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Most homebuyers purchase life insurance when they arrange a mortgage, but only a minority will take up another form of financial protection that is five times more likely to pay out.

Critical illness cover pays a tax-free lump sum on diagnosis of any one of a list of serious (critical) illnesses, including cancer and heart attacks. Claims statistics suggest you are five times more likely to suffer from one of these than you are to die before you reach the age of 65.

The results of a survey carried out by Macmillan Cancer Support showed just how many people lost their home after being diagnosed with cancer. As many as one in six had difficulties keeping up rent or mortgage payments. For those who were self-employed, the figure was higher still. As many 17,000 people lose their homes each year through critical illnesses such as cancer.

Macmillan’s chief executive Peter Cardy argues that understanding by mortgage companies and the provision of financial advice to sufferers could make a big difference. “This is shocking,” he says. “Having cancer should not cost you your home.”

After being diagnosed with cancer, or any critical illness for that matter, people often face a drop in income, or lose it altogether, at the same time as they face a number of extra costs including prescription charges, hospital parking costs, special diets and high fuel bills. These financial pressures can lead to people struggling or falling behind with their rental or mortgage payments.

Penny Williams was diagnosed with bowel cancer in 2009. Married with four children, she had been the breadwinner, with her husband looking after the children and their home. After being diagnosed, Penny had to give up her job, as she would regularly be called into hospital for treatment at short notice. Her husband couldn’t go to work, because Penny was too unwell to look after the children. Switching the mortgage from repayment to interest only reduced some of their costs, but the bills didn’t stop and they soon ran into trouble, maxing out credit cards and borrowing from family until they were in a corner.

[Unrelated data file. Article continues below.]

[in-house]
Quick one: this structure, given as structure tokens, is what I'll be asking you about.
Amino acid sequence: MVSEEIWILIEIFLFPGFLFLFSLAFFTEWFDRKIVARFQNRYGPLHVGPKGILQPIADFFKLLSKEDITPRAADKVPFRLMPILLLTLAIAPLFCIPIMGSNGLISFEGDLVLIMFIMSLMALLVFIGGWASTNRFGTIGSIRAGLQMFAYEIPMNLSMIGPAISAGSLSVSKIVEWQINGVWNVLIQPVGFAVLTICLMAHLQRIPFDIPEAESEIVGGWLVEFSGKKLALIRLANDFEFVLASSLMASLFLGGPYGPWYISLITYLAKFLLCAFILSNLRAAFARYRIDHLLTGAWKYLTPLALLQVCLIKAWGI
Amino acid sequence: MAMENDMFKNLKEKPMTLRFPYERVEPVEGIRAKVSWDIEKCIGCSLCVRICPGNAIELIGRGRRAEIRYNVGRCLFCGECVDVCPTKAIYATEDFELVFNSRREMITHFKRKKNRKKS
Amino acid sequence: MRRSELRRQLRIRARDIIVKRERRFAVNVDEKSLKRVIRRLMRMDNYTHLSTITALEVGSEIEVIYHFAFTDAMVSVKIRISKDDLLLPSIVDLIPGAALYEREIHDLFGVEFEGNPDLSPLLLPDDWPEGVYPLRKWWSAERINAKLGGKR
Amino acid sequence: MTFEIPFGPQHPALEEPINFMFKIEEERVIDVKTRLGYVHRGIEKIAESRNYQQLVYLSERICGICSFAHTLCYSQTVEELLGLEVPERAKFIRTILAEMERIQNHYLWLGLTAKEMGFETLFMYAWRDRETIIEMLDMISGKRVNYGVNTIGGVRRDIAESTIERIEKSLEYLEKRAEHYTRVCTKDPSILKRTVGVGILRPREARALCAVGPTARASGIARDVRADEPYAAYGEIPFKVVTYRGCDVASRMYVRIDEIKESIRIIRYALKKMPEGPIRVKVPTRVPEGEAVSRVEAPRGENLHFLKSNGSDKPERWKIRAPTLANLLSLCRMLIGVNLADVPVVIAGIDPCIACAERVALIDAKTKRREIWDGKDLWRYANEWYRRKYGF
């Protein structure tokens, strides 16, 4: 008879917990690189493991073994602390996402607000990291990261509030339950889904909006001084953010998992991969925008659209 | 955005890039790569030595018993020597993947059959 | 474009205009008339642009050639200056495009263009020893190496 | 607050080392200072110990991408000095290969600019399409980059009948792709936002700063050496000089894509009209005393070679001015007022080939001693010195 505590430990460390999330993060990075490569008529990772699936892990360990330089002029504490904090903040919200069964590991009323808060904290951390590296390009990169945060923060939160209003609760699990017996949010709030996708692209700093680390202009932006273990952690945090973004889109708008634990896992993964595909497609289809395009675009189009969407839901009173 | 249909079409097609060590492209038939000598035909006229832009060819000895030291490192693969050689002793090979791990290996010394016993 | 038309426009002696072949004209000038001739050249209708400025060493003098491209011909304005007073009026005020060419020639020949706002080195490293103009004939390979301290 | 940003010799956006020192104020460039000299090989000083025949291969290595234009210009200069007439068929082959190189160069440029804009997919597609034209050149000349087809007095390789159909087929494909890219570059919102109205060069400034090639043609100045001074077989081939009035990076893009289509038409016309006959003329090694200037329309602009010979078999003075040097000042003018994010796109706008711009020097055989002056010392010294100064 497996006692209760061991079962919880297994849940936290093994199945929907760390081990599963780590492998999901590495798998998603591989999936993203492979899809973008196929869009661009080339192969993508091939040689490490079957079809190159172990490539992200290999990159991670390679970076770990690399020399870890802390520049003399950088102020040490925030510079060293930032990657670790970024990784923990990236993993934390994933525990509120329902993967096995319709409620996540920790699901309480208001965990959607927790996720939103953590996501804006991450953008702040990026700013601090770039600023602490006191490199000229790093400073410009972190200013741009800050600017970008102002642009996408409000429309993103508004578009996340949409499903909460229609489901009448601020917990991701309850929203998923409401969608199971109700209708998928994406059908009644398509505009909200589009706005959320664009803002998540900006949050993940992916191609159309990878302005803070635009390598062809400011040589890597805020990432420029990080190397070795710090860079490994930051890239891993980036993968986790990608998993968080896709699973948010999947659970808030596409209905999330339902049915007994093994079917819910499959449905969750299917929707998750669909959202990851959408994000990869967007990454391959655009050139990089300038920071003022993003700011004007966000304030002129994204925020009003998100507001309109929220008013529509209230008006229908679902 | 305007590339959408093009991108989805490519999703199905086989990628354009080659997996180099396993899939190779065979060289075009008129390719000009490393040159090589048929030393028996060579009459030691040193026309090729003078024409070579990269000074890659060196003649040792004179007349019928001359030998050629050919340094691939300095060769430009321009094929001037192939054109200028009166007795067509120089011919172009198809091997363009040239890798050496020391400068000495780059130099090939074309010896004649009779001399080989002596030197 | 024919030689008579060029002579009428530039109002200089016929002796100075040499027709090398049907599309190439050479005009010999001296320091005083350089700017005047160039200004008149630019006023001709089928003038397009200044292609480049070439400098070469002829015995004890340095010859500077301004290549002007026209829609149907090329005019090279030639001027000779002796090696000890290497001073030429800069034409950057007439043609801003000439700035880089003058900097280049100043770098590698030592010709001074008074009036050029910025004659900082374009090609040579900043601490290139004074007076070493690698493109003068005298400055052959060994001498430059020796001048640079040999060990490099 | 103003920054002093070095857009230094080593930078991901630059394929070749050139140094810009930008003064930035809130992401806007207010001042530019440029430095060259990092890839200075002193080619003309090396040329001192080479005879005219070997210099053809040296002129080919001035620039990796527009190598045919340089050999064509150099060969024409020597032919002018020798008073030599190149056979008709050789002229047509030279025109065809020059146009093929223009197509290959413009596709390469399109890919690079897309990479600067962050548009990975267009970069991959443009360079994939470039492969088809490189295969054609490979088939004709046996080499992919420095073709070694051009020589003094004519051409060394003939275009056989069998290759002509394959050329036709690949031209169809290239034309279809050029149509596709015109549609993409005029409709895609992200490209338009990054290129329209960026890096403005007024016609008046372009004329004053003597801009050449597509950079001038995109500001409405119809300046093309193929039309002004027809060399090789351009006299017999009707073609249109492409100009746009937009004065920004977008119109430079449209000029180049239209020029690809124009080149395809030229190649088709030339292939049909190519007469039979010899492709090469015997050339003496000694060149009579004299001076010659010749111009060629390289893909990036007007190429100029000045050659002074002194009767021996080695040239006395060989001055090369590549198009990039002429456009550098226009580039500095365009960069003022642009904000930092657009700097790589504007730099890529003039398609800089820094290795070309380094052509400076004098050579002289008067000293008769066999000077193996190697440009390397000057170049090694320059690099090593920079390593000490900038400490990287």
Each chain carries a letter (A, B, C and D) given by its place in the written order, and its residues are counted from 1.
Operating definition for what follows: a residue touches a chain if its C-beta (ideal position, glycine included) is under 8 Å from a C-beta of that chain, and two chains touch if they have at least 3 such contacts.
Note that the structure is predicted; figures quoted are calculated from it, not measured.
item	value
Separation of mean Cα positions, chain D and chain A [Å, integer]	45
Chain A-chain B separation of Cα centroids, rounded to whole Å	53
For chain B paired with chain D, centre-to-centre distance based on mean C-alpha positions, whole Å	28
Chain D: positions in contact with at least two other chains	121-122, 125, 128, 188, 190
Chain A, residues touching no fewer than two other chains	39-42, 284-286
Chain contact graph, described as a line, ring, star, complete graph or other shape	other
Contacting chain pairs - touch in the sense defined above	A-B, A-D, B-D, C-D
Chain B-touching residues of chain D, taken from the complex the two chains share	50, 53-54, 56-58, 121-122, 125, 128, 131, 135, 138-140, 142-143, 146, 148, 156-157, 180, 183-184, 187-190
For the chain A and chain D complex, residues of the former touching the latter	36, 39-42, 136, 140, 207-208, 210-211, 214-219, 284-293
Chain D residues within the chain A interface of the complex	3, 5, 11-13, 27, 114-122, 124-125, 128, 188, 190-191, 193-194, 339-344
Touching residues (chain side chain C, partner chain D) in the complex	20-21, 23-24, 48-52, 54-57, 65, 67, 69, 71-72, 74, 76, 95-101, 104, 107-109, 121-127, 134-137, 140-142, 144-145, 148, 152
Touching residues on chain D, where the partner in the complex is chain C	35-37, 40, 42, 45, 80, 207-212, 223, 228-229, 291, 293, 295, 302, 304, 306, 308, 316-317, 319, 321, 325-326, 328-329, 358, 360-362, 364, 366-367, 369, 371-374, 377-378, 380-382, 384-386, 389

“When you’ve been diagnosed with cancer, your main aim is to survive,” says Penny. “When the financial problems start, you feel like you are being punished and the pressure itself can make you ill and set your health back several steps. The physical trauma of being diagnosed and going through treatment is bad enough. Add financial stresses to that, and it makes things that much worse. When you’re ill, you want everything to be taken care of for you. The last thing you need is the bailiffs coming knocking on the front door.”

“Too many people are facing overwhelming financial pressures at a time when they are fighting to live,” says Cardy. “Borrowing money, moving in with family, selling up or moving to help make ends meet or repossession just doesn’t seem fair when you are sick and fighting to stay alive.”

One of the possible solutions is in taking out critical illness cover. “It’s amazing how many people seem to be unaware of the benefits of critical illness cover, says Antony Lopez, senior consultant at Sterling & Law.

“If it was down to me, I would make critical illness cover compulsory with every property purchase – especially for first-time buyers. It is relatively cheap when you are young and is five times more likely to pay out than life cover. Typically, subject to underwriting, a premium of 10% of your mortgage repayment would provide significant cover. Sounds like a no brainer to me.”

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